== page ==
As UK restrictions end, what will be the new normal for pubs?

A week after England’s coronavirus restrictions came to an end on 19 July – with Scozia, Galles and Northern Ireland not too far behind – the pubs sector is finally getting back to normal.

But what counts for “normal” may well have been irrevocably altered.

Many publicans and patrons will be glad to see the back of pandemic-related restrictions that have crimped both trade and the social experience. But some trends are likely to become permanent fixtures, changing the face of the time-honoured British pub for good.

Pavement drinking
It’s not as tragic as it sounds. L'anno scorso, the government made it easier for pubs and restaurants to obtain “pavement licences” to serve guests in the street, compensating for restrictions affecting indoor capacity.

Business minister Paul Scully recently announced that pavement licences can now be extended or even made permanent. That means valuable extra floorspace for venues, although the continental-style al fresco dining culture may not be so popular come the colder, rainier months.

Pubs were also granted temporary off licences last year, allowing them to sell drinks to take home. That has been extended for a further 12 mesi, signalling the possibility that takeaway pints could become a permanent fixture.

Table service
With table service becoming the norm during the pandemic, many patrons have developed a taste for having their refreshments brought to them, rather than jostling for the attention of bar staff. Larger venues and those that serve food are likely to stick with it as a default, even if bar service is an option too. Oakman Inns, which has 35 pubs in the south-east and Midlands, has said its service will continue to be table-only for the time being.

That’s all very well for Oakman, whose venues are largely in rural spots with large beer gardens, but smaller urban sites will be glad to see the back of table service.

Chris Jowsey is chief executive of Admiral Taverns, one of the UK’s largest pub chains, with about 1,000 venues. “Some will keep it, but the vast majority want to go back to service at the bar because those costs are killing them and they’re utterly knackered from doing it," Egli ha detto.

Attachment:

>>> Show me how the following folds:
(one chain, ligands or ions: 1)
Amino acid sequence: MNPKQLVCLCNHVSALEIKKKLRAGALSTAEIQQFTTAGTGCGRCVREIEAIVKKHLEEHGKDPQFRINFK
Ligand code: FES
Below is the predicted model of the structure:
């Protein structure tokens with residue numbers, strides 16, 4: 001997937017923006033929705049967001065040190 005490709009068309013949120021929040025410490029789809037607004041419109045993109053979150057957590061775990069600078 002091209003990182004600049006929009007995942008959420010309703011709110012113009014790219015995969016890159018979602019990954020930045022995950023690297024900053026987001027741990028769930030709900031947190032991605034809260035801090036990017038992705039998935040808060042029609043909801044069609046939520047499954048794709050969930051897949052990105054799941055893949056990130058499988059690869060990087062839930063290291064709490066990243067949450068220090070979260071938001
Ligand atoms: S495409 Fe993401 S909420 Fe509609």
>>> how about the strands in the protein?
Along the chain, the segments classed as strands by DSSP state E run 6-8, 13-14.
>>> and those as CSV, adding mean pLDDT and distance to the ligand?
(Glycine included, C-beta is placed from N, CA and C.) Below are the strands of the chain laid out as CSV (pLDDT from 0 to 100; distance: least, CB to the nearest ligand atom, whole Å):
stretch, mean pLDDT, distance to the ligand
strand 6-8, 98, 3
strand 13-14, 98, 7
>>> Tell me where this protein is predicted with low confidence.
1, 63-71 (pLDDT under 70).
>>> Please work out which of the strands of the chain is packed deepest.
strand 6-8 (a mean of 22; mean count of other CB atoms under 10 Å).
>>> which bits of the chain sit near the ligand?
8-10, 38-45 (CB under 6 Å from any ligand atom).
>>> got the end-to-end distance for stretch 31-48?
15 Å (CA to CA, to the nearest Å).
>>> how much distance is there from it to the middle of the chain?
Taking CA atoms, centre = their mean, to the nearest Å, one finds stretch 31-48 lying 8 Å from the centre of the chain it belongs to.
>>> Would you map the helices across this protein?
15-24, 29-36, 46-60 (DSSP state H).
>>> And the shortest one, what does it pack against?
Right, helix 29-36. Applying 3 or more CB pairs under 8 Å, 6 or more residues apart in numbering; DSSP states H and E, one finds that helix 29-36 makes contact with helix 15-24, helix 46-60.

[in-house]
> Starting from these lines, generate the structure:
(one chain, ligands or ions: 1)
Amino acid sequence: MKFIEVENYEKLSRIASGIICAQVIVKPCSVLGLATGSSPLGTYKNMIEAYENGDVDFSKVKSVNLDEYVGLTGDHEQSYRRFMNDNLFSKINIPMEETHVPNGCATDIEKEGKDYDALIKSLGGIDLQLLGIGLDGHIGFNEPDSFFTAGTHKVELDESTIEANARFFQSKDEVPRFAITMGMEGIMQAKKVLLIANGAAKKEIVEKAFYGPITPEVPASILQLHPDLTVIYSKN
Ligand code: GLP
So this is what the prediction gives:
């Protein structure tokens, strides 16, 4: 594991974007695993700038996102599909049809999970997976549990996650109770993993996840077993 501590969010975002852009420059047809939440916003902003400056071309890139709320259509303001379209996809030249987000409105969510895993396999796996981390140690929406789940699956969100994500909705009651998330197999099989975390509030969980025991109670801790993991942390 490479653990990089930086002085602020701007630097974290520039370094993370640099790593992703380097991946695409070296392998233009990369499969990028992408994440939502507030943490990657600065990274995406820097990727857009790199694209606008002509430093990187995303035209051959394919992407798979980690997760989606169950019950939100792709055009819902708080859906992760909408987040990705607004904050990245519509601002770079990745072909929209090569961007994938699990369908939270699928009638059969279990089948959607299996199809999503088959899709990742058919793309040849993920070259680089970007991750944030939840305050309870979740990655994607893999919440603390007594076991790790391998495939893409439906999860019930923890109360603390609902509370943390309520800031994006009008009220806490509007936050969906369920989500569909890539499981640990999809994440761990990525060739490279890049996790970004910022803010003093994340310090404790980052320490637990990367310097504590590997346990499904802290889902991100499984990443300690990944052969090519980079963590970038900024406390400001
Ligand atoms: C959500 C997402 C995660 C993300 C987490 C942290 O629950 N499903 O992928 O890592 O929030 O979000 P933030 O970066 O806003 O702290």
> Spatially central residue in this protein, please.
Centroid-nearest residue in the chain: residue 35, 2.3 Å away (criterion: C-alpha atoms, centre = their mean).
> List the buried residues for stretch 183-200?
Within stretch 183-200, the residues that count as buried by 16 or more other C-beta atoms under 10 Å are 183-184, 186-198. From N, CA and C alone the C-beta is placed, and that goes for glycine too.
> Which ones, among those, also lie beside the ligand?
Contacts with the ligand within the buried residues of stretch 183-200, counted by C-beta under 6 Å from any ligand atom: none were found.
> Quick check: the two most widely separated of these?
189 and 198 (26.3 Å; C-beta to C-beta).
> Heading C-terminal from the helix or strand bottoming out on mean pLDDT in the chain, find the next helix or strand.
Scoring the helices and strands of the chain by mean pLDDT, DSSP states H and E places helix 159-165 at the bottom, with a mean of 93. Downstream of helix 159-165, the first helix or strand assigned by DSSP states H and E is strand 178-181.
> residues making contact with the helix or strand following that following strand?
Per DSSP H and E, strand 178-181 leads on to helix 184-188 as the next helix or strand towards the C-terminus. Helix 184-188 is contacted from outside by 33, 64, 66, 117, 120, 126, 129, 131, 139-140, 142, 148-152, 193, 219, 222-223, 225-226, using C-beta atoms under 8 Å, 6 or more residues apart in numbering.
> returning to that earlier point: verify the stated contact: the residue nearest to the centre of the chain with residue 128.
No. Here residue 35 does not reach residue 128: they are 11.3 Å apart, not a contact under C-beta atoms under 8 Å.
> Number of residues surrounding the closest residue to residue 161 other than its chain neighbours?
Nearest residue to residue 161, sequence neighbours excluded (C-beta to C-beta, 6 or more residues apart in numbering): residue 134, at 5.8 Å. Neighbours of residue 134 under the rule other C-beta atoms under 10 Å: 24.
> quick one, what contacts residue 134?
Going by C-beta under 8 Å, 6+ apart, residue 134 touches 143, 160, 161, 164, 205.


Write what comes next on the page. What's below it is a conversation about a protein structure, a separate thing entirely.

Ordering by app
Table service might not be universally popular but ordering by app is likely to stick around, particularly in venues that serve food.

Richard Carter, co-founder of one such app, OrderPay, points out that there are lots of reasons why pubs and customers may favour phone-based ordering.

“If you’re worried about missing a moment in the football, or buying rounds, or getting served at the bar, we can solve those problems," Egli ha detto. For pubs and their staff, orders by phone are typically 10% bigger, Egli ha detto, and pubs can upsell extras such as pork scratchings. The ease of ordering also means more transactions overall.

No more tip jars
Another benefit of ordering by app is cashless tipping. The pandemic has accelerated the move to a cash-free society, raising concerns about hospitality staff who rely on that little extra.

Several polls have shown guests are keen to tip big, knowing how hospitality has suffered, but may not know how. tuttavia, most ordering apps now make tipping possible, while services such as TipJar, Tip Pot and Easy Tip offer the option, sometimes via QR code.

Fewer pubs, more Wetherspoons
At the start of the pandemic, c'erano 40,886 pubs in Inghilterra and Wales, according to real estate consultancy Altus Group. Alcuni 473 have gone for good since then, a rate of roughly one per day.

The consultancy’s figures are based on how premises are classified for business rates purposes. That means that these are pubs that have vanished for good, either demolished or converted, usually into housing. In all likelihood, hundreds more are standing empty and may never reopen.

Quirkier, independent venues – or small urban pubs that don’t serve food and have no outdoor space – will have suffered the most.

Big chains with deep pockets are better placed to ride it out or even expand. Wetherspoons is among the best-performing pub groups out there, however much people rage against its outspoken founder Tim Martin on social media.

In March the group announced plans to invest £145m to expand and upgrade its network of 871 pubs, creating 2,000 lavori.

Community pub rescues
There may be help at hand for communities who face losing a much-loved boozer.

At the weekend, the government launched a £150m fund that will allow neighbourhoods to club together to run local pubs at risk of closure. Communities in all nations of the UK will be able to bid for government funding to match whatever they can raise themselves, up to a ceiling of £250,000.

Breezy boozers
Now that mask wearing and social distancing aren’t compulsory, the government has left it up to pubs to reduce the Covid risk.

“People are aware that the pandemic is not over, so pubs will continue to ensure maximum ventilation and many will continue to provide sanitiser and remind people to wash their hands,” said Campaign for Pubs director Greg Mulholland.

“The ‘new normal’, for now, will not necessarily be the same as pre-Covid, but people can make their own decisions and we hope that many people, considering the levels of vaccinations, will support their local pubs again”.

New guidelines place a lot of emphasis on ventilation, either by wedging doors open or installing mechanical air conditioning units or fans. Something to look forward to come the winter.





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